February 3, 2009 | 4:55 pm

OK, here’s my second try:

– Pasted Max Patch, click to expand. –

My goal here is to learn how to speak Max without an accent :-)

February 3, 2009 | 5:20 pm

This is a scenario you want to avoid:
-you don’t use a [t b b] and rely on a left-right order.
-three months later, you open the patch, update it to add some functionality
or correct a bug, and while doing that move around objects to make the patch
prettier. But then, your graphically-based sequence may not work anymore,
and the bug may be hard to trace.

February 3, 2009 | 5:28 pm

Uh, sure you copied your new version? It looks the same as the patch i posted earlier.

And i agree with jeanfrancois, these things may look trivial now, but readability of patches is very important in bigger projects…i try to always use triggers and never leave things up to the layout.

February 3, 2009 | 5:30 pm

Quote: Bas van der Graaff wrote on Tue, 03 February 2009 10:28
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> Uh, sure you copied your new version? It looks the same as the patch i posted earlier.

I’ll check.

—————————————————-
> And i agree with jeanfrancois, these things may look trivial now, but readability of patches is very important in bigger projects…i try to always use triggers and never leave things up to the layout.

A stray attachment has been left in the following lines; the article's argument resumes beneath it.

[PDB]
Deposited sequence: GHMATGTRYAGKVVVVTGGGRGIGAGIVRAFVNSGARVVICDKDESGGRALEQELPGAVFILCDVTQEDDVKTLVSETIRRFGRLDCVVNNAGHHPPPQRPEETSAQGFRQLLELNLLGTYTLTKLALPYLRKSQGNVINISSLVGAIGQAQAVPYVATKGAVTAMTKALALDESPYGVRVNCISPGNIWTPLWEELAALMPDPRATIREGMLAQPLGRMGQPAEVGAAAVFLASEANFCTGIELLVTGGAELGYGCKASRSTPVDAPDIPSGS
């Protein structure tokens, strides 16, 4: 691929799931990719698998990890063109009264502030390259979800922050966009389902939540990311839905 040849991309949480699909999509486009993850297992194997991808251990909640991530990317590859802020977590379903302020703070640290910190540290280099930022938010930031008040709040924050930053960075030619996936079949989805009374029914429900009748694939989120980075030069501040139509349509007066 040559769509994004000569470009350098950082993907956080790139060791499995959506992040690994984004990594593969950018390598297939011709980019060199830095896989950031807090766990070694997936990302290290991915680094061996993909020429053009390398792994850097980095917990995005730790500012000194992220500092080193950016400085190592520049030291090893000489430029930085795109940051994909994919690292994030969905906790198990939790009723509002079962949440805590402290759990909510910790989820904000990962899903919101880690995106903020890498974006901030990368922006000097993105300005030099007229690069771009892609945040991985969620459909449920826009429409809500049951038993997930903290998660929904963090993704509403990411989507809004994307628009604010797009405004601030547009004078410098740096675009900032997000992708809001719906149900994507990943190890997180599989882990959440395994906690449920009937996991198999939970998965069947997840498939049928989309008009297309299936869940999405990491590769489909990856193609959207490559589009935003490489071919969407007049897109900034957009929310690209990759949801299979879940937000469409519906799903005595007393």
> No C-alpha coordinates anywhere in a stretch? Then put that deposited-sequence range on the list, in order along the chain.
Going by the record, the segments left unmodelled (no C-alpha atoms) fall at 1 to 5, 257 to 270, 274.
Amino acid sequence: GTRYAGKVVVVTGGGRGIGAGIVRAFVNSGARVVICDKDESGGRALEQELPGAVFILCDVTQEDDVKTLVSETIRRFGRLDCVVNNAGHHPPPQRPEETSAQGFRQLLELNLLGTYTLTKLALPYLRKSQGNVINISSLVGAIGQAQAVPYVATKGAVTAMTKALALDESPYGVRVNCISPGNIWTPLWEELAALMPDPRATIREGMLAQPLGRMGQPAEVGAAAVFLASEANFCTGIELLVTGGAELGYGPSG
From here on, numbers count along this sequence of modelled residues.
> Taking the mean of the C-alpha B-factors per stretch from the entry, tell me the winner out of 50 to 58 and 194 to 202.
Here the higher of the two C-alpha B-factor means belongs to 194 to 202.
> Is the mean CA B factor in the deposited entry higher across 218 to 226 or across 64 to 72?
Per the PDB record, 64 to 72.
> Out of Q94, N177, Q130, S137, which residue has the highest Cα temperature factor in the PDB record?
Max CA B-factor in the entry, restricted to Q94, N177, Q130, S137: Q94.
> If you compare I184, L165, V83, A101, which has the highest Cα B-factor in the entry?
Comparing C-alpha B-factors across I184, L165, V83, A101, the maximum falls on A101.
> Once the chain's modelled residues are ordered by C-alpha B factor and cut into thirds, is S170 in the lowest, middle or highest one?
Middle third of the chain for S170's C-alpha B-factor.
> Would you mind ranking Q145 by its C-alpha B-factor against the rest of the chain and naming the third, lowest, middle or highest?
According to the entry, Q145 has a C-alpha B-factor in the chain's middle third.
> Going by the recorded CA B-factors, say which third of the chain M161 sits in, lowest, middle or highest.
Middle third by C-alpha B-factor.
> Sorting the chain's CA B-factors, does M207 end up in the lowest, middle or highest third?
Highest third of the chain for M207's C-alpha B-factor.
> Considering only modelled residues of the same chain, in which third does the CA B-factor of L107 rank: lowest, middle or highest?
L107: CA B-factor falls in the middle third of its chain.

That is what I would have thought, too; which is why I was surprised that the tutorial emphasized ordering so much.

I’m going to try again and repost shortly.
—————————————————-

February 3, 2009 | 5:46 pm

OK, here’s my next try…

– Pasted Max Patch, click to expand. –

I think I actually posted the right patch this time :-)

February 3, 2009 | 6:18 pm

and to avoid the double 1 at the beginning…

p

– Pasted Max Patch, click to expand. –

http://www.trblnc.org

February 3, 2009 | 6:21 pm

Quote: pure wrote on Tue, 03 February 2009 11:18
—————————————————-
> and to avoid the double 1 at the beginning…

But the double 1 at the beginning is correct — the Fibonacci sequence is 1, 1, 2, 3, 5, etc.

February 3, 2009 | 6:40 pm

Quote: ark wrote on Tue, 03 February 2009 08:23
—————————————————-
> When I learn a new programming language, I like to start by writing a program to generate Fibonacci numbers. So I’m working my way through the tutorials and think I have learned enough to solve this simple problem.
>

———————————————-

just as another method, using a closed formula instead of the recurring sequence. This generates the ratio needed to find the next term, plus gives an example of [expr] being handy in some cases to combine multiple operations into one statement. in [expr], as in other languages, the order is based upon traditional ordering (parentheses, powers, mult/div, add/subtract etc.), whereas using single objects the order is determined by the patchcord flow. Interesting to think about it in multiple ways, as sometimes one way is easier or more clear than the other.

along the original lines, as stated here, trigger will definitely be your friend in the future.

– Pasted Max Patch, click to expand. –

February 3, 2009 | 9:25 pm

Here’s my version.

lh

– Pasted Max Patch, click to expand. –

February 4, 2009 | 4:50 pm

That’s cute! And I have no trouble understanding how it works, once I’ve right-clicked on the objects I don’t understand.

But I’ve only worked through a few of the tutorials yet, and hadn’t come to zl or unpack, which explains why I did it more straightforwardly :-)